Have you ever caught when you turn on your furnace for the first time in the fall, you’re wheezing more often? While spring allergies often get a more severe reputation, fall allergies are still very common and affect many. For some, fall allergies can be even worse than spring because of brisk temperatures weakening our immune systems and from starting up our equipment. This could leave you wondering, can furnaces make allergies worse in Edmonton, or even trigger them?
While furnaces can’t create allergies, they sometimes aggravate them. How? During the warmer months, dust, dander and other pollutants can build up in heating ducts. When the winter conditions start and we flip our heat on for the first time, all those allergens are now distributed through the ductwork and travel through our homes. Thankfully, there are things you can do to prevent your furnace from irritating your allergies.
How to Keep Your Furnace from Affecting Your Allergies
- Change Your HVAC Filter. Frequently replacing your filters is one of the best chores you can perform to help your allergies at any time of the year. New filters are ideal for snagging the allergens in your residence’s air, helping to keep you healthier.
- Freshen Up Your Air Ducts. Not only do particulates harbor in your HVAC filters, but in your vents as well. An air duct cleaning may help reduce allergy symptoms and help your HVAC system run more efficiently. When you request an air duct cleaning, repair techs survey and clean components such as your supply/return ducts and registers, grilles and diffusers.
- Keep Your Furnace in Good Working Order. Proper HVAC maintenance and routine checkups are another great way to both improve your house’s air quality and keep your system performing as smoothly as possible. Before turning your heating on for the first time, it could help to have an HVAC tech complete a maintenance checkup to confirm your filters and air ducts are clean and everything else is in working working order.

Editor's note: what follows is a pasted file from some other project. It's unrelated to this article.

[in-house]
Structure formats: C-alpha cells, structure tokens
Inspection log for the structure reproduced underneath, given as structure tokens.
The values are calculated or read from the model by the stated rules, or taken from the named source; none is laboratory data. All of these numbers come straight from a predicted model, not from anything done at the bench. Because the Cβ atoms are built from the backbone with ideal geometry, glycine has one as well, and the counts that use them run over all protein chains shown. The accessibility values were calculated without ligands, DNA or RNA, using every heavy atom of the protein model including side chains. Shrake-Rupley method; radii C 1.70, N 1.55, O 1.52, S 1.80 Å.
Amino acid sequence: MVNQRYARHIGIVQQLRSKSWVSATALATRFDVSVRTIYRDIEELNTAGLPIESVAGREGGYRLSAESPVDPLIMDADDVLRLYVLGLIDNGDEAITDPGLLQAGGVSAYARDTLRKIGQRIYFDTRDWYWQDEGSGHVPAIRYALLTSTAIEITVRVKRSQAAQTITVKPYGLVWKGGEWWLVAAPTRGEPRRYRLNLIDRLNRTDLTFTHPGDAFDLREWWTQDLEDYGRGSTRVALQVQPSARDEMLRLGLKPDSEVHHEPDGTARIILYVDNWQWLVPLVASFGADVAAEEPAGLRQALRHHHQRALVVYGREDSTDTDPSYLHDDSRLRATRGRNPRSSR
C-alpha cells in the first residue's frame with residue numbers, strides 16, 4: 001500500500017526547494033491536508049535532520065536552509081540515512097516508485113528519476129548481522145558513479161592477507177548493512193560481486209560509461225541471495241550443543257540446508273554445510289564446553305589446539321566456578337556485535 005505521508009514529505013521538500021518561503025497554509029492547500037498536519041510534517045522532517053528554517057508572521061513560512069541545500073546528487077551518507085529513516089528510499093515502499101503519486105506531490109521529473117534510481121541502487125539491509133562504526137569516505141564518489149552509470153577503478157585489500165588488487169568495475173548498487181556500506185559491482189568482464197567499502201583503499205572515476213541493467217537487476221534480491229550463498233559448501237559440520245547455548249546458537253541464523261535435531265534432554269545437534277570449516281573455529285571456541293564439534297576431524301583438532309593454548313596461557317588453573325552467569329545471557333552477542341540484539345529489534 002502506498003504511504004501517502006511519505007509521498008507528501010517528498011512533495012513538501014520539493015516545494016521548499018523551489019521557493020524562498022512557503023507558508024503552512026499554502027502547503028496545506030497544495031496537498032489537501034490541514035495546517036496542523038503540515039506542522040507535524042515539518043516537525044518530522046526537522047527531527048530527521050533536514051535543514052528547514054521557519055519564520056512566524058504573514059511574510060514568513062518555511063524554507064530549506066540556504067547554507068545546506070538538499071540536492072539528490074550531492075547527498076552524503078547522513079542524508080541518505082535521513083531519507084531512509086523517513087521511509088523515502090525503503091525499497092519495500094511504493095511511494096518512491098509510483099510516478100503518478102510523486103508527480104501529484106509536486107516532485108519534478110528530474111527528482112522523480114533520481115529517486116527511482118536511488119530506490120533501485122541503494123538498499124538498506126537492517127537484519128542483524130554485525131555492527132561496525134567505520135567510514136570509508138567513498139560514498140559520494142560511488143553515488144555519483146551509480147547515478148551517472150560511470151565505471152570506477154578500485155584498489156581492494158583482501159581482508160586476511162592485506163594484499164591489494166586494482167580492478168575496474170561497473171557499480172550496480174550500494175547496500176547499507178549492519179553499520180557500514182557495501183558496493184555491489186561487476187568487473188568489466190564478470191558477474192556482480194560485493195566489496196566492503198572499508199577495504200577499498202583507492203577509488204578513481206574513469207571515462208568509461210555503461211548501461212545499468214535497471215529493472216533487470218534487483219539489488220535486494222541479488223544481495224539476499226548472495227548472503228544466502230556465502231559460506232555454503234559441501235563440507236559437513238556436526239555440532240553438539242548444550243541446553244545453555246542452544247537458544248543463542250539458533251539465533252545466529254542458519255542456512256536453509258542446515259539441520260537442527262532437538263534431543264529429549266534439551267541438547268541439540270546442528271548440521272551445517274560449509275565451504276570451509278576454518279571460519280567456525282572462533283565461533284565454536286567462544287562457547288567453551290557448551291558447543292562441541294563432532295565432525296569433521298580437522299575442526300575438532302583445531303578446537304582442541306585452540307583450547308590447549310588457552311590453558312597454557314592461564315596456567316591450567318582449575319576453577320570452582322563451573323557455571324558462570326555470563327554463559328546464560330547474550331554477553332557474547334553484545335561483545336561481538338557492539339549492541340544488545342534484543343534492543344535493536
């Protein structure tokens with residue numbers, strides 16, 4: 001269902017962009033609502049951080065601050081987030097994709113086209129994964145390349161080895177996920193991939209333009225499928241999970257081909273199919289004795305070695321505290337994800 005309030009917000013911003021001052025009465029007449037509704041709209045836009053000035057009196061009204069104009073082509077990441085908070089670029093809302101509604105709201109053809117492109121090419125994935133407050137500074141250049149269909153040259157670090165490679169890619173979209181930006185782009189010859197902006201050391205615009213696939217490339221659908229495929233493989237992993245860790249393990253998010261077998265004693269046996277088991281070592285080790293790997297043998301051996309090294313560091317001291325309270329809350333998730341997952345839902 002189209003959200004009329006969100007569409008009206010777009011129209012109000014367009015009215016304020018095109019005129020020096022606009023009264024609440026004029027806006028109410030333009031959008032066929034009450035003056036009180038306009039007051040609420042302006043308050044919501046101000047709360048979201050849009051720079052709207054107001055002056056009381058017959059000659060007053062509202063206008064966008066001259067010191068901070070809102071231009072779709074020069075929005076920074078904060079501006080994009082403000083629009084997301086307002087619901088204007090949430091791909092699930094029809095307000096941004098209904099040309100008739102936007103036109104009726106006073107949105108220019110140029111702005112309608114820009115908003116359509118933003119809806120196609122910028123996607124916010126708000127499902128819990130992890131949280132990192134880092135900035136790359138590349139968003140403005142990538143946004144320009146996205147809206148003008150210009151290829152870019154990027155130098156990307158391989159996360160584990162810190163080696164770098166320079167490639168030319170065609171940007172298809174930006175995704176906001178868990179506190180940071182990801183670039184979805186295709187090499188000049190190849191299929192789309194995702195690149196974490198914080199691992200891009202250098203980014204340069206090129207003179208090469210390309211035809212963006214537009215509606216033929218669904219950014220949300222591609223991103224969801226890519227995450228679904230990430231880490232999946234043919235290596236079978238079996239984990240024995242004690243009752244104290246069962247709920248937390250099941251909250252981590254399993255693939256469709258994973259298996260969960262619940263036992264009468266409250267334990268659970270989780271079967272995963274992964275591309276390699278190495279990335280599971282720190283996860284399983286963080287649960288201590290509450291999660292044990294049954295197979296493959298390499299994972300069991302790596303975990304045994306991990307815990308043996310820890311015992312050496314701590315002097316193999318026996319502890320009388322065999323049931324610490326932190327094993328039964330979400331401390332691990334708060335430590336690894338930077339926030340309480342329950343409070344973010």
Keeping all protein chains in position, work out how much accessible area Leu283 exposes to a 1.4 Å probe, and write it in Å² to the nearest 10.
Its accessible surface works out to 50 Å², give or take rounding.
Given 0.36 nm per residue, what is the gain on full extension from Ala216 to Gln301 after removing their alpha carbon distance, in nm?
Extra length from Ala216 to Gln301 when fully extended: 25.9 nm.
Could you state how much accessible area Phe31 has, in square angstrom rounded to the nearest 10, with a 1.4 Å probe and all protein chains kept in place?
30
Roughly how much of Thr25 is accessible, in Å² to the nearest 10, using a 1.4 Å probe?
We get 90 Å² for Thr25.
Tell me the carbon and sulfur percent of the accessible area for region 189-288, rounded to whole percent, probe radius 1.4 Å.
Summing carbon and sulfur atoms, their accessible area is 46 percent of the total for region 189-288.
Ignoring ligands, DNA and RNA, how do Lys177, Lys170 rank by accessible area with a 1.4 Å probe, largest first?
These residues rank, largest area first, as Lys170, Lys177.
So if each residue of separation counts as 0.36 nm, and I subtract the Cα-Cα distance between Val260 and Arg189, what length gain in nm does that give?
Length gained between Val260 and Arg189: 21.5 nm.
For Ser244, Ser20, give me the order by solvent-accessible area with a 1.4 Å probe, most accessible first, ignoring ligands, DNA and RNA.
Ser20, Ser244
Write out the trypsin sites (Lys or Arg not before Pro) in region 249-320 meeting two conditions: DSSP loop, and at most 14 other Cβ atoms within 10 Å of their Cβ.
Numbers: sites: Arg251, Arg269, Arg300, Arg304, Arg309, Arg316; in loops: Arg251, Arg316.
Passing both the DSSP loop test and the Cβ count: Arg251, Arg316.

Allergies and continuous illness can be discouraging, and it can be difficult to figure out what’s creating or aggravating them. Here are some common FAQs, along with answers and ideas that might help.
Is Forced Air Bad for Allergies?
Allergy sufferers are often told that forced air heating could aggravate your allergies even more. Forced air systems can circulate allergens through the air, leading you to breathing them in more frequently than if you had a radiant heating system. While it’s accurate forced air systems may make your allergies more severe, that is only if you put off appropriate maintenance of your furnace. Other than the things we mentioned already, you can also:
- Dust and vacuum your home regularly. If there aren’t dust, dander or mold spore particles to clog your air ducts, your air system can’t transport them into the air, and you can’t inhale them. Some additional cleaning tips include:
- Ensure your vacuum has a HEPA filter.
- Dust ahead of vacuuming.
- Clean your curtains regularly, as they are a typical hiding place of allergens.
- Don’t forget to clean behind and under furniture.
- Check your home’s moisture levels. Higher humidity levels can also contribute to worsening of allergies. Humidity causes mold growth and dust mites. Installing a dehumidifier with your HVAC system keeps moisture levels under control and your indoor air quality much better.
What is the Best Furnace Filter for Allergies?
Generally, HEPA filters are ideal if you or someone in your household struggles with allergies. HEPA filters are rated to take out 99.97 to 99.99% of particles, such as dust, pollen and dirt. These filters have a MERV rating of 17-21, depending on the kind. This rating reveals how thoroughly a filter can remove pollutants from the air. Due to their high-efficiency filtration construction, HEPA filters are dense and can limit airflow. It’s helpful to contact McKinley Heating Service Experts to confirm your heating and cooling system can run correctly with these high efficiency filters.
Can Dusty Filters or Air Ducts Make Me Sick?
Dirty filters can trap particles and allow poor quality air to move throughout your home. This is also applicable for filthy vents. If you inhale these particles it can produce sneezing, coughing or other asthma-related problems, depending on your sensitivity.
It’s recommended to switch out your HVAC filter every 30-60 days, but here are some indications you may need to more regularly:
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